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Dynamics and Stabilization of the Human Gut Microbiome during the First Year of Life

Journal article
Authors Fredrik Bäckhed
Josefine Roswall
Y. Q. Peng
Qing-Ping Feng
H. J. Jia
Petia Kovatcheva-Datchary
Y Liu
Y. Xia
H. L. Xie
H. Z. Zhong
Muhammad Tanweer Khan
J. F. Zhang
J. H. Li
L. Xiao
J. Al-Aama
D. Y. Zhang
Ying Shiuan Lee
D. Kotowska
C. Colding
Valentina Tremaroli
Y. Yin
Stefan Bergman
X. Xu
L. Madsen
K. Kristiansen
Jovanna Dahlgren
W. Jun
Published in Cell Host & Microbe
Volume 17
Issue 5
Pages 690-703
ISSN 1931-3128
Publication year 2015
Published at Wallenberg Laboratory
Institute of Clinical Sciences, Department of Pediatrics
Pages 690-703
Language en
Links dx.doi.org/10.1016/j.chom.2015.04.0...
Keywords INTESTINAL MICROBIOTA, INFANT GUT, METAGENOME, BACTERIA, MELATONIN, PROTEINS, CHILDREN, NEWBORNS, CATALOG, DISEASE, Microbiology, Parasitology, Virology
Subject categories Pediatrics

Abstract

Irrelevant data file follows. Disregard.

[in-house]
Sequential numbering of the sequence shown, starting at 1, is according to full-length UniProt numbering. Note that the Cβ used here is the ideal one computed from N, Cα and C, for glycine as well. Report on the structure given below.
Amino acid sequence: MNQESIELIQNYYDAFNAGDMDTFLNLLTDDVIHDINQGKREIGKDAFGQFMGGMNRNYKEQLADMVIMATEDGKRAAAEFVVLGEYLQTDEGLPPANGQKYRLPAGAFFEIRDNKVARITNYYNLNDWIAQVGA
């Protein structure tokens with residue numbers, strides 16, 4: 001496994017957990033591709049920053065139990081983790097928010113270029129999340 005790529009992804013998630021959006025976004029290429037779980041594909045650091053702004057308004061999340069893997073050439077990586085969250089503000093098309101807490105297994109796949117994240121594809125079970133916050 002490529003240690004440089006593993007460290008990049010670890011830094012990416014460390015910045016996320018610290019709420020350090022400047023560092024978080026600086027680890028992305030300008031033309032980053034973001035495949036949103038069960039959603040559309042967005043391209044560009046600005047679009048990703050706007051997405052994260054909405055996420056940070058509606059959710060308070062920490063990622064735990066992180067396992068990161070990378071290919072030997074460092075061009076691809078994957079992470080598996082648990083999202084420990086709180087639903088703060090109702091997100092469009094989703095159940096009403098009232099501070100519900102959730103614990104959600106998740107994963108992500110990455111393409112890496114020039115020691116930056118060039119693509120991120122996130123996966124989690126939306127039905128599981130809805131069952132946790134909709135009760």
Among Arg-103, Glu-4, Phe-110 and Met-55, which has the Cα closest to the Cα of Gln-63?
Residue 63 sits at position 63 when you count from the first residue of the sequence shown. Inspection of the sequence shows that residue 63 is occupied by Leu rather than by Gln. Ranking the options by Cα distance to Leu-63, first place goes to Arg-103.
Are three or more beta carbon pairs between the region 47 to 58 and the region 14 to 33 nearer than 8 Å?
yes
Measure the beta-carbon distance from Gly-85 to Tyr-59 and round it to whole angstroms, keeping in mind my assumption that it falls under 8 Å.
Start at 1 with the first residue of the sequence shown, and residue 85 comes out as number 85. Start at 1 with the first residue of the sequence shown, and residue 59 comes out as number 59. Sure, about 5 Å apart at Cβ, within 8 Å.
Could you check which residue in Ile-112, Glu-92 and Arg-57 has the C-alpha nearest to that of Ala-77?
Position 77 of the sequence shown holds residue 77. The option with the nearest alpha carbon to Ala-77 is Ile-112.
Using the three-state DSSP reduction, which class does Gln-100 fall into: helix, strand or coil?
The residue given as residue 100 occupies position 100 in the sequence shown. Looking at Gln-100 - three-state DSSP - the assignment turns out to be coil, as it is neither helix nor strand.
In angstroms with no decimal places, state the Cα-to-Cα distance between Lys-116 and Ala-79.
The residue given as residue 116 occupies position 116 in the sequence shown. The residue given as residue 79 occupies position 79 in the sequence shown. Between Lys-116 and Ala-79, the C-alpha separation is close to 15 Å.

The gut microbiota is central to human health, but its establishment in early life has not been quantitatively and functionally examined. Applying metagenomic analysis on fecal samples from a large cohort of Swedish infants and their mothers, we characterized the gut microbiome during the first year of life and assessed the impact of mode of delivery and feeding on its establishment. In contrast to vaginally delivered infants, the gut microbiota of infants delivered by C-section showed significantly less resemblance to their mothers. Nutrition had a major impact on early microbiota composition and function, with cessation of breast-feeding, rather than introduction of solid food, being required for maturation into an adult-like microbiota. Microbiota composition and ecological network had distinctive features at each sampled stage, in accordance with functional maturation of the microbiome. Our findings establish a framework for understanding the interplay between the gut microbiome and the human body in early life.

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